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« Once more on Sotomayor and judicial temperament (Joe) | Main | Green Revolution? (Sujatha) »

June 11, 2009


Sorry Joe that you lost one of your favorite blogger identities. As I explained here once, I am with Leiter on this one.

He apologized to Publius. Seems to me looking the episode over that he got really angry, acted hastily and behaved badly. It's the flip-side of anonyblogging - you might misuse your invisibility ring, but the people you're interacting with also to find it easier to forget there's a real person behind the screen ID.

Yeah, I think the apology definitely makes clear that he was acting out of anger/annoyance/irritation/etc.

Ruchira, I'm all for pseudonymous blogging. I might put up a full post about it at some point, but basically: (1) I don't think that public identity adds anything, (2) I do think that pseudonymity gives us bloggers worth reading who we otherwise wouldn't have (e.g., Publius, Digby, Dadahead), and (3) pseudonymity allows people to blog who otherwise would not blog (in the good for them sense [e.g., myself and D -- not to suggest that we're not worth reading!]).


You and D are certainly worth reading (why else are you here?).

In my post (and to a lesser extent in Leiter's) I point out circumstances where pseudonymous blogging is acceptable and even understandable. I think both you and D fall in one or more of those categories. I also make clear where pseudonymous blogging raises questions. In my own post I had specifically pointed to the case of Lee Siegel who had used the cover of anonymity to praise himself (as if a third person) and belittle his critics. A somewhat similar incident actually happened on A.B. in response to a post in which an author's work was criticized and the author came in under a pseudonym and defended himself. Sujatha and I have ample reason to believe that it happened. Incidentally, the author's work which was the target of the criticism was posted under his real name. He just chose to defend it under an assumed name.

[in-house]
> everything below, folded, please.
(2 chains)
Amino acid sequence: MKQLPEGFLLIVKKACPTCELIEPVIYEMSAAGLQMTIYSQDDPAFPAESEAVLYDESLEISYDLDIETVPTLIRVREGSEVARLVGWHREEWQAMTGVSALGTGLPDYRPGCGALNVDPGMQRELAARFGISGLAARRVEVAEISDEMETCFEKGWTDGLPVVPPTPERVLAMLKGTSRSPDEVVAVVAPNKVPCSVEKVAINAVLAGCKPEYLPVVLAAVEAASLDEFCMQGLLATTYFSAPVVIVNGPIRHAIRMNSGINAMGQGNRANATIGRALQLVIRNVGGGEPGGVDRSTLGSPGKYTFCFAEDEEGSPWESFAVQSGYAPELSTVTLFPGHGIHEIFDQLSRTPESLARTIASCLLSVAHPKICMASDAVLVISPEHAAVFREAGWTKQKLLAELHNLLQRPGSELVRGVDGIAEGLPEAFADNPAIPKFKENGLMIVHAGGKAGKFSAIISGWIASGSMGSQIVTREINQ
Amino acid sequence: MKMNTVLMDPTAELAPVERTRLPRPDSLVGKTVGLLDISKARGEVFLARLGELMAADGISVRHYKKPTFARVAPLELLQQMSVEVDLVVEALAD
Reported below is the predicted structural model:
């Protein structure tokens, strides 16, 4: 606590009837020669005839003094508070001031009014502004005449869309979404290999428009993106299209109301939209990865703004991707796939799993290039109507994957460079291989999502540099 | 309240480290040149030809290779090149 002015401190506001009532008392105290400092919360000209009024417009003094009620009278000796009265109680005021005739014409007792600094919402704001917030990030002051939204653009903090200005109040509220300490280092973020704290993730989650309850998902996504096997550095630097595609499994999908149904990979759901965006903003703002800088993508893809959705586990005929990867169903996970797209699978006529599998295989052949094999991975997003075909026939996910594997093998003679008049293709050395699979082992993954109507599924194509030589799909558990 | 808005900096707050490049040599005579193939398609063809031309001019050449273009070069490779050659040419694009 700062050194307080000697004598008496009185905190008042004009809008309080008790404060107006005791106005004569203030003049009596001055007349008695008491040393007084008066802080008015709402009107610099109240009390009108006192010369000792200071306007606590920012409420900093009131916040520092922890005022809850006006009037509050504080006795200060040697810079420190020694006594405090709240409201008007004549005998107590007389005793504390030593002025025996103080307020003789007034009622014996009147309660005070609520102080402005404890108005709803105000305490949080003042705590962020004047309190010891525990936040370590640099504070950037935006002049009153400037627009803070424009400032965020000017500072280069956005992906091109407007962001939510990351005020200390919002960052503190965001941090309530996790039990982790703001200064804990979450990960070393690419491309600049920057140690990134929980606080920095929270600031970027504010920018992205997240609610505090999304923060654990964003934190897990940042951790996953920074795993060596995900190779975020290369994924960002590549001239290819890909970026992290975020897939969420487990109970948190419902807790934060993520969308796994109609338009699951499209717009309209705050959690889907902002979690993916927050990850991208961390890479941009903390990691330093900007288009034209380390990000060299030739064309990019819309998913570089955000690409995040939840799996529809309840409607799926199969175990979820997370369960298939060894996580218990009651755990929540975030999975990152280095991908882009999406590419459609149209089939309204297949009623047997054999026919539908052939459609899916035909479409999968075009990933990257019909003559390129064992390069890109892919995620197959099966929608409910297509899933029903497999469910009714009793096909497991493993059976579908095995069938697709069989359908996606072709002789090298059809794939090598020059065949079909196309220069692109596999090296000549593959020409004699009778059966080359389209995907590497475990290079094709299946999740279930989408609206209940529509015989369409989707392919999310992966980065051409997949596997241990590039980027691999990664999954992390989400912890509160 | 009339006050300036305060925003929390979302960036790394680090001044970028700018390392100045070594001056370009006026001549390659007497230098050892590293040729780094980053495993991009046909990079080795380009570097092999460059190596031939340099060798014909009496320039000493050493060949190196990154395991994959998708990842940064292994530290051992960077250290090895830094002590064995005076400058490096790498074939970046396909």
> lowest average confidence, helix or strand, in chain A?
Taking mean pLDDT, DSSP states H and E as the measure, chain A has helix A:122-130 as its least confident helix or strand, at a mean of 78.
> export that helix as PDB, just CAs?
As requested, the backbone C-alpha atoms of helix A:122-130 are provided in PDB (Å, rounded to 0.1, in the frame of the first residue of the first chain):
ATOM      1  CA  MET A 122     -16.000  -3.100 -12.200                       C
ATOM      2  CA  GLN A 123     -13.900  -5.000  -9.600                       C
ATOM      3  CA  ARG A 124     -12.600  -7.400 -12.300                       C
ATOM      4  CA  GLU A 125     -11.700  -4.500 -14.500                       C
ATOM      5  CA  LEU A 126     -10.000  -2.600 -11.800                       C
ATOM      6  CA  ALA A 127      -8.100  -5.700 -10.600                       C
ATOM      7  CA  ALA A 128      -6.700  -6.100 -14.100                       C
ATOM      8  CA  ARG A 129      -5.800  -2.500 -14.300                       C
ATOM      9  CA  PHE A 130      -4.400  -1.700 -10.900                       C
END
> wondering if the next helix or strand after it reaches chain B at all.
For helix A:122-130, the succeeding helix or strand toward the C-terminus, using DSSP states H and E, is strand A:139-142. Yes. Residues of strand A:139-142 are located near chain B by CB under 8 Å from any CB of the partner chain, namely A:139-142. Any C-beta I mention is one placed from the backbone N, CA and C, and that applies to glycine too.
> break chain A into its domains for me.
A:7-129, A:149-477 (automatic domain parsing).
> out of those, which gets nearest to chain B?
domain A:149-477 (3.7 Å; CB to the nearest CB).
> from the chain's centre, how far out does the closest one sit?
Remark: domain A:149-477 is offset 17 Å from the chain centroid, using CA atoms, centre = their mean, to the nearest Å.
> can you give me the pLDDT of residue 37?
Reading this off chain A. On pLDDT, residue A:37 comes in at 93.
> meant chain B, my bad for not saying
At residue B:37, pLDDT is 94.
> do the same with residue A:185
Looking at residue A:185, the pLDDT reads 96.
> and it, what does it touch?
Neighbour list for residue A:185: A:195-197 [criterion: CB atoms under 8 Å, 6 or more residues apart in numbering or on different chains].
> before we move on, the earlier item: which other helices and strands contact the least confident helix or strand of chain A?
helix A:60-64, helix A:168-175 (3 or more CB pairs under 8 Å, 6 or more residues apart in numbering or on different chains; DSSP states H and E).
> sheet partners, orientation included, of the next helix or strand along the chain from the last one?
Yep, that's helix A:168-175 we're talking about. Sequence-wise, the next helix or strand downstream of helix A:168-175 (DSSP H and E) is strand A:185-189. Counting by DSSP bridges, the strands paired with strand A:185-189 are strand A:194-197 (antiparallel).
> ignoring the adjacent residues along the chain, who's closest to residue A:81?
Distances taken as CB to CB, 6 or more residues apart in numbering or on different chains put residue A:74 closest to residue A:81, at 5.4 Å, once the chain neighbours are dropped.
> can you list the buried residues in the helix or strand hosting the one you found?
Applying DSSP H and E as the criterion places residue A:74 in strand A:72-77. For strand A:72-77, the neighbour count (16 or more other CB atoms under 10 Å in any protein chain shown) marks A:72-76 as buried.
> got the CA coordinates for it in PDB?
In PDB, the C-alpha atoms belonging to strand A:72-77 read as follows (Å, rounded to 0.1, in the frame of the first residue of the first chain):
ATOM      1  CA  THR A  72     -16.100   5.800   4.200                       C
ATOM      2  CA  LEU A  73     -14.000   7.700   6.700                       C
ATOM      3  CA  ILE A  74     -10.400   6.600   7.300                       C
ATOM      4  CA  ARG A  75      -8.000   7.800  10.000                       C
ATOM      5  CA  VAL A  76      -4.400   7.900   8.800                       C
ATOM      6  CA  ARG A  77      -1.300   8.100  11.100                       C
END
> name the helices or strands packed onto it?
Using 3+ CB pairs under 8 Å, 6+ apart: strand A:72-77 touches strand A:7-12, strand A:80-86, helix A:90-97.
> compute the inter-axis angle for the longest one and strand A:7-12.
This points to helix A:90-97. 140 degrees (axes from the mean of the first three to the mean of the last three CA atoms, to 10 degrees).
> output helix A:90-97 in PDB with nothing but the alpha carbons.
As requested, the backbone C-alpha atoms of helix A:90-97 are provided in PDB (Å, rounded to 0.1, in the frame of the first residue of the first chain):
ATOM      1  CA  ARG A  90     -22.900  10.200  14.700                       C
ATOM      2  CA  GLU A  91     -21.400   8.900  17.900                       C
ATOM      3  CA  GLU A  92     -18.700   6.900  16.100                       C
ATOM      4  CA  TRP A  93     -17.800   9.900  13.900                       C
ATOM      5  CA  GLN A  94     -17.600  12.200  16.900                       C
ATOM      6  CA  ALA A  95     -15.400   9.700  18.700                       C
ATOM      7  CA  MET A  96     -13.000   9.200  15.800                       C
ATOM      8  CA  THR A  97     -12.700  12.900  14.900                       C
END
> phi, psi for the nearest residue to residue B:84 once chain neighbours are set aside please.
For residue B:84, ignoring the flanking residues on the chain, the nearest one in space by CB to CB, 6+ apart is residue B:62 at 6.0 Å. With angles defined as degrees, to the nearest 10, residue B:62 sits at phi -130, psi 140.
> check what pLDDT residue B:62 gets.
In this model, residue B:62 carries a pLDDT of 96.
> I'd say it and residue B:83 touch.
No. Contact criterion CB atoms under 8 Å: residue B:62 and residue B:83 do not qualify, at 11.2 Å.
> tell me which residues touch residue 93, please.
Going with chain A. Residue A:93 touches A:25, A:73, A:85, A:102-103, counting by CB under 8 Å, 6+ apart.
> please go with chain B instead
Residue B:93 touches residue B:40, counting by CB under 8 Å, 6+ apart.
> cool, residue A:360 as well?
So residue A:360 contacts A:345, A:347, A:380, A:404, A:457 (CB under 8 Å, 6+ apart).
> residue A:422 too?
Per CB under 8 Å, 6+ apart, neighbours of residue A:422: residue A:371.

In the case of Publius though, the point is not whether he has the right to blog pseudonymously. He surely does. But whether someone else, who is the target of his criticism or ridicule also has a right to expose his identity whether out of frustration, anger or petulance. After all, pseudonymity is not a legal right and whether others will respect one's wish to remain anonymous is often a matter of mutual good will.

A case of questionable pseudonymous blogging with an agenda. There are too many of them, I am afraid.

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